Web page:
Tour dates 2019

Here’s a list of the dates and places you can see me in 2019.
I hope to see you somewhere along the road.

Sunday 3 March: Forest Folk Club, Sling, Gloucestershire.
Friday 15 March: Burton Folk Club, Burton on Trent.

Wednesday 17 April: Faversham Folk Club, Faversham.

Saturday 8 June: “The Road to Peterloo”, Glossop Labour Club.
Sunday 9 June: “The Road to Peterloo”, Mellor Brook Community Centre.
Tuesday 25 June: Brick Kiln Lunchtime Concerts, Chichester.

Wednesday 3 July: “The Road to Peterloo” at the Working Class Movement Library, Salford.
12 – 14 July: “Ballads, Broadsides & Bawling Hawkers” at Halsway Manor.
Saturday 20 July: “The Road to Peterloo” at the Music on the Marr Festival, Cumbria.

Thursday 1 August: “The Road to Peterloo” at Manchester Central Library.
Friday 2 August: “The Road to Peterloo” at Stockport Library with Alison Morgan.
4 August: “The Road to Peterloo” at Sidmouth Folk Week.
12 August: “The Road to Peterloo” at Broadstairs Folk Week.
Sunday 18 August: “The Road to Peterloo” at the Irish Cultural Centre, Newcastle upon Tyne.
20 – 21 August: “The Road to Peterloo” at Whitby Folk Week.

Sunday 15 September: “The Road to Peterloo” at Bromley Cross.
New date to be confirmed – September: “The Road to Peterloo” at the Place Theatre, Bedford.

Wednesday 9 October: “The Road to Peterloo” at Cecil Sharp House, London.
Sunday 13 October: “The Road to Peterloo” at Abbots Langley.
Monday 14 October: Waltham Abbey Folk Club.
Sunday 20 October: “The Road to Peterloo” at Hartlepool Folk Festival.
Thursday 31 October: “The Road to Peterloo” at Huddersfield University, Phipps Hall.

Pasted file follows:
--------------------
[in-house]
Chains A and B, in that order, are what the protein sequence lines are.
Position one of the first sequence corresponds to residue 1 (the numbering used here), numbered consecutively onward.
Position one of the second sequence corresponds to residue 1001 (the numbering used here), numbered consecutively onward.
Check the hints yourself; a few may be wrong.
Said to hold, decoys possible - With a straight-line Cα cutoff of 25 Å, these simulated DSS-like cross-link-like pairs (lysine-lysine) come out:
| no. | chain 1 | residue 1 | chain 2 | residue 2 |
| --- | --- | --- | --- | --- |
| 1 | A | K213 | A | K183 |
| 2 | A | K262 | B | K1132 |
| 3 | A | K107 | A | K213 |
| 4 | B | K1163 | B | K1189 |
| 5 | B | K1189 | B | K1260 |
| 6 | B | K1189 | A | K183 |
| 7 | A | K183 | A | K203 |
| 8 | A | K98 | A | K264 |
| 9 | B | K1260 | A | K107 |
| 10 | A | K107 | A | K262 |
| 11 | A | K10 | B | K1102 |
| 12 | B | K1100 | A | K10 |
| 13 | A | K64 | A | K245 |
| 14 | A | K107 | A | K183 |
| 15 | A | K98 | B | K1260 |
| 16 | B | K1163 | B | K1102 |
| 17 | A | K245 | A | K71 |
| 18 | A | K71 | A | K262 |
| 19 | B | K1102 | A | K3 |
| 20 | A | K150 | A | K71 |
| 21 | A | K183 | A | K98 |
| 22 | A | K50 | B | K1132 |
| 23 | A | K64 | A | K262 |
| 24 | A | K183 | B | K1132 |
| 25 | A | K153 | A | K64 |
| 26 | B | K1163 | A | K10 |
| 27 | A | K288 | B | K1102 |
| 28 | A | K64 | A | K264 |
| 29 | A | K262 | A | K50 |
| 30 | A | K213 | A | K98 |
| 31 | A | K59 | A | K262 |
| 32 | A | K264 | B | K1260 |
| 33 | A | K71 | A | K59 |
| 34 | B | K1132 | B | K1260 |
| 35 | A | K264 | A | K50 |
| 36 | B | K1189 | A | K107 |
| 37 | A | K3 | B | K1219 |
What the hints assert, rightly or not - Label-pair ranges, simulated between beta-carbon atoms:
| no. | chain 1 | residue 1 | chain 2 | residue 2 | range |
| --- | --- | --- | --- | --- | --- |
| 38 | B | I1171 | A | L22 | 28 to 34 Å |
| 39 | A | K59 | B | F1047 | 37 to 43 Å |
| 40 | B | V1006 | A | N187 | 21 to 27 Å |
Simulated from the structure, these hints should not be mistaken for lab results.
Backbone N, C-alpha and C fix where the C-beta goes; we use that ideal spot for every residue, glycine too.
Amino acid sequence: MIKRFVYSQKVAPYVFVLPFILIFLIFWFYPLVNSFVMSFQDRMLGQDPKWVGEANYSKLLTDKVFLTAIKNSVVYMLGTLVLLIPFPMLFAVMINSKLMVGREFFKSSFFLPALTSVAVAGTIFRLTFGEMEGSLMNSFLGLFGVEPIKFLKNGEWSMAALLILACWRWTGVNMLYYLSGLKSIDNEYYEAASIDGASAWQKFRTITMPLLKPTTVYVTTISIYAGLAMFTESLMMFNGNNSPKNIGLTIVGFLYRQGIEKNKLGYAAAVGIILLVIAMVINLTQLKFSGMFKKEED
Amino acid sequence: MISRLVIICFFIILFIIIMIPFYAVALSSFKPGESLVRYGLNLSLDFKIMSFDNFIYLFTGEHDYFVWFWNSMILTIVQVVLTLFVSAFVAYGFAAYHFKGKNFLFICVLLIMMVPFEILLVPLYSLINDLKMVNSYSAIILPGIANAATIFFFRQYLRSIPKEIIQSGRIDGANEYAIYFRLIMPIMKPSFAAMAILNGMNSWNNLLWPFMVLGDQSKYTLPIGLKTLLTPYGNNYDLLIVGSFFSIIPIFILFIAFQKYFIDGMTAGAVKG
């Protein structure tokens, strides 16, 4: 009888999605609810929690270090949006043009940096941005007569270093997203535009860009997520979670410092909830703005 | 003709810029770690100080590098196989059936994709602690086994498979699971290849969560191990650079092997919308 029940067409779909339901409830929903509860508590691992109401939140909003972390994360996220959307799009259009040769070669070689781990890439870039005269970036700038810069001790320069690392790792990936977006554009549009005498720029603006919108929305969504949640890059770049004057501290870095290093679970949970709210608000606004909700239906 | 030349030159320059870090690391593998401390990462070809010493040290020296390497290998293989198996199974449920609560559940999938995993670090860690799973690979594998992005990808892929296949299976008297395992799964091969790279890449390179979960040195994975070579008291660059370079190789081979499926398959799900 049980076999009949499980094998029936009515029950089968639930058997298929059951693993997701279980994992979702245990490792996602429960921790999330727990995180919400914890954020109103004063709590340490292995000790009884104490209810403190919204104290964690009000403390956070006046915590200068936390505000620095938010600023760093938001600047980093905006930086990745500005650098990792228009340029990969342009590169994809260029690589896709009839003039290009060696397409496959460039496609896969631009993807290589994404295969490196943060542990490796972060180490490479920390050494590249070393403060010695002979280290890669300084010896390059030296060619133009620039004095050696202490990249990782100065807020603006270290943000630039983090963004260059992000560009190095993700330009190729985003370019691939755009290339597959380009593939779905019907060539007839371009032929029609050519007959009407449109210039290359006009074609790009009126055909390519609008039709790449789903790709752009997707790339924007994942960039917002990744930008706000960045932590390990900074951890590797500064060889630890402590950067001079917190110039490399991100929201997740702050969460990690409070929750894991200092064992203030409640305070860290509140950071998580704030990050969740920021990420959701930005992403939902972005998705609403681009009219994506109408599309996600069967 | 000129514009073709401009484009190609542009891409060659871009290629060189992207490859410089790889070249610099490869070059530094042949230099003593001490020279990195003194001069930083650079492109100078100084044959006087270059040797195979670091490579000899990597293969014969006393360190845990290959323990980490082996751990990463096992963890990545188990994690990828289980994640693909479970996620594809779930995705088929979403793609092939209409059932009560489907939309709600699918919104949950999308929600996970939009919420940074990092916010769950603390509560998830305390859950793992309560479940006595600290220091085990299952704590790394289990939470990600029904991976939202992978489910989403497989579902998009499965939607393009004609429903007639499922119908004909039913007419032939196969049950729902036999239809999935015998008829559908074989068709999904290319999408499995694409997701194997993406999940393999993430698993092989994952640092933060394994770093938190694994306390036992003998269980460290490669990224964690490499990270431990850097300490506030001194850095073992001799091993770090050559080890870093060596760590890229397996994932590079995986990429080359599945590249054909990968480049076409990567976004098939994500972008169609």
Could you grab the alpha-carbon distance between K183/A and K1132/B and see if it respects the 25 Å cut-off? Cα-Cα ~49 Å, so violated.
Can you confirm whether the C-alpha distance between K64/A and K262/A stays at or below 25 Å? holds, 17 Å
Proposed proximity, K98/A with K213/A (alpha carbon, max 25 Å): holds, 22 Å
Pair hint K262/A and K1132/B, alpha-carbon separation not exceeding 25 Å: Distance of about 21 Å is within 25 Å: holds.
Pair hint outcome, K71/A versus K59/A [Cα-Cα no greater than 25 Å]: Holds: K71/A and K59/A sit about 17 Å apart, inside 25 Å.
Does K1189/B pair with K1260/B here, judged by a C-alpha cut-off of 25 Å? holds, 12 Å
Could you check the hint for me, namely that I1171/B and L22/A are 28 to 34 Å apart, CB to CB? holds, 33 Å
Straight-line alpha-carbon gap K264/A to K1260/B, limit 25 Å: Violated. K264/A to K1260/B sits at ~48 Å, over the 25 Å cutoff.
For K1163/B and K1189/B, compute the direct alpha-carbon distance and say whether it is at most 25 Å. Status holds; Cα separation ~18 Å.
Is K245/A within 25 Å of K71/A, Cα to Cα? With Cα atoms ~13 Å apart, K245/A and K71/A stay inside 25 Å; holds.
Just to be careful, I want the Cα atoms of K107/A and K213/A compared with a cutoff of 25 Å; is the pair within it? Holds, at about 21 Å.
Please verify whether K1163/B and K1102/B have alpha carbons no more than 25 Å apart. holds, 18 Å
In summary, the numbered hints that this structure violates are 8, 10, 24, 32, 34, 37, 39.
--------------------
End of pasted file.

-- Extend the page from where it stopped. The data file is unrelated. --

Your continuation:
Sunday 3 November: “The Road to Peterloo” at the Square Chapel, Halifax.

The Road to Peterloo

2019 is the bicentennial year of the ‘Peterloo Massacre’ in Manchester, and together with Brian Peters and Laura Smyth I’m working on a project entitled ‘The Road to Peterloo’ to bring the importance of this event into the public eye.

‘The Road to Peterloo’ tells the story of one of the most notorious incidents in British labour history – the ‘Peterloo Massacre’ in Manchester in 1819 – through some of the many broadside ballads that were printed around the time of the event.

Brian Peters, Laura Smyth and Pete Coe

Three singers and musicians from North West England – Pete Coe, Brian Peters and Laura Smyth – trace the story from its roots in the poverty and hunger suffered by handloom weavers in the early 19th century. Their songs describe the terrible events of the day itself, when mounted soldiers charged a peaceful crowd demanding votes for all, and killed or injured many men, women and children by their indiscriminate use of sabres, and tell of later political developments inspired by the carnage.

Laura, Brian and Pete present a trove of freshly-discovered material, with ballads sourced from Alison Morgan’s new book on the broadsides of the day, and from their own research, with many set to original tunes. Between them they offer three fine voices and instrumental skills on concertina, melodeon, bouzouki, guitar, cello and banjo, and add to the mix period dance music from the Manchester area. ‘The Road to Peterloo’ will be touring the UK during the bicentennial year 2019.

Recording for our CD “The Road to Peterloo” is complete and the CD will be on sale in June.

Watch this space for how to buy a copy.

 Follow developments at
where you can find tour dates and venues in 2019.

Digital downloads of Pete Coe CD’s via Bandcamp

You can buy CD’s and digital downloads from my DISCOGRAPHY page or via the Bandcamp app which I’ve just started using.

Follow this LINK to sample my latest CD “The Man in the Red Van”(released in 2017) and buy the CD and/or high-quality download in MP3, FLAC and unlimited streaming via the free Bandcamp app.

I’m working on getting more of my music up there and available, so watch this space.

The man in the red van – CD launch party

My new CD – The man in the red van- was launched at a party in Rishworth on 10 May. Here are some photos.

Pete Coe , Man in the Red Van, CD Launch at The Malt House, Rishworth. Photo: Bruce Fitzgerald

Pete Coe , Man in the Red Van, CD Launch at The Malt House, Rishworth. Photo: Bruce Fitzgerald

Pete Coe , Man in the Red Van, CD Launch at The Malt House, Rishworth. Photo: Bruce Fitzgerald

Pete Coe , Man in the Red Van, CD Launch at The Malt House, Rishworth. Photo: Bruce Fitzgerald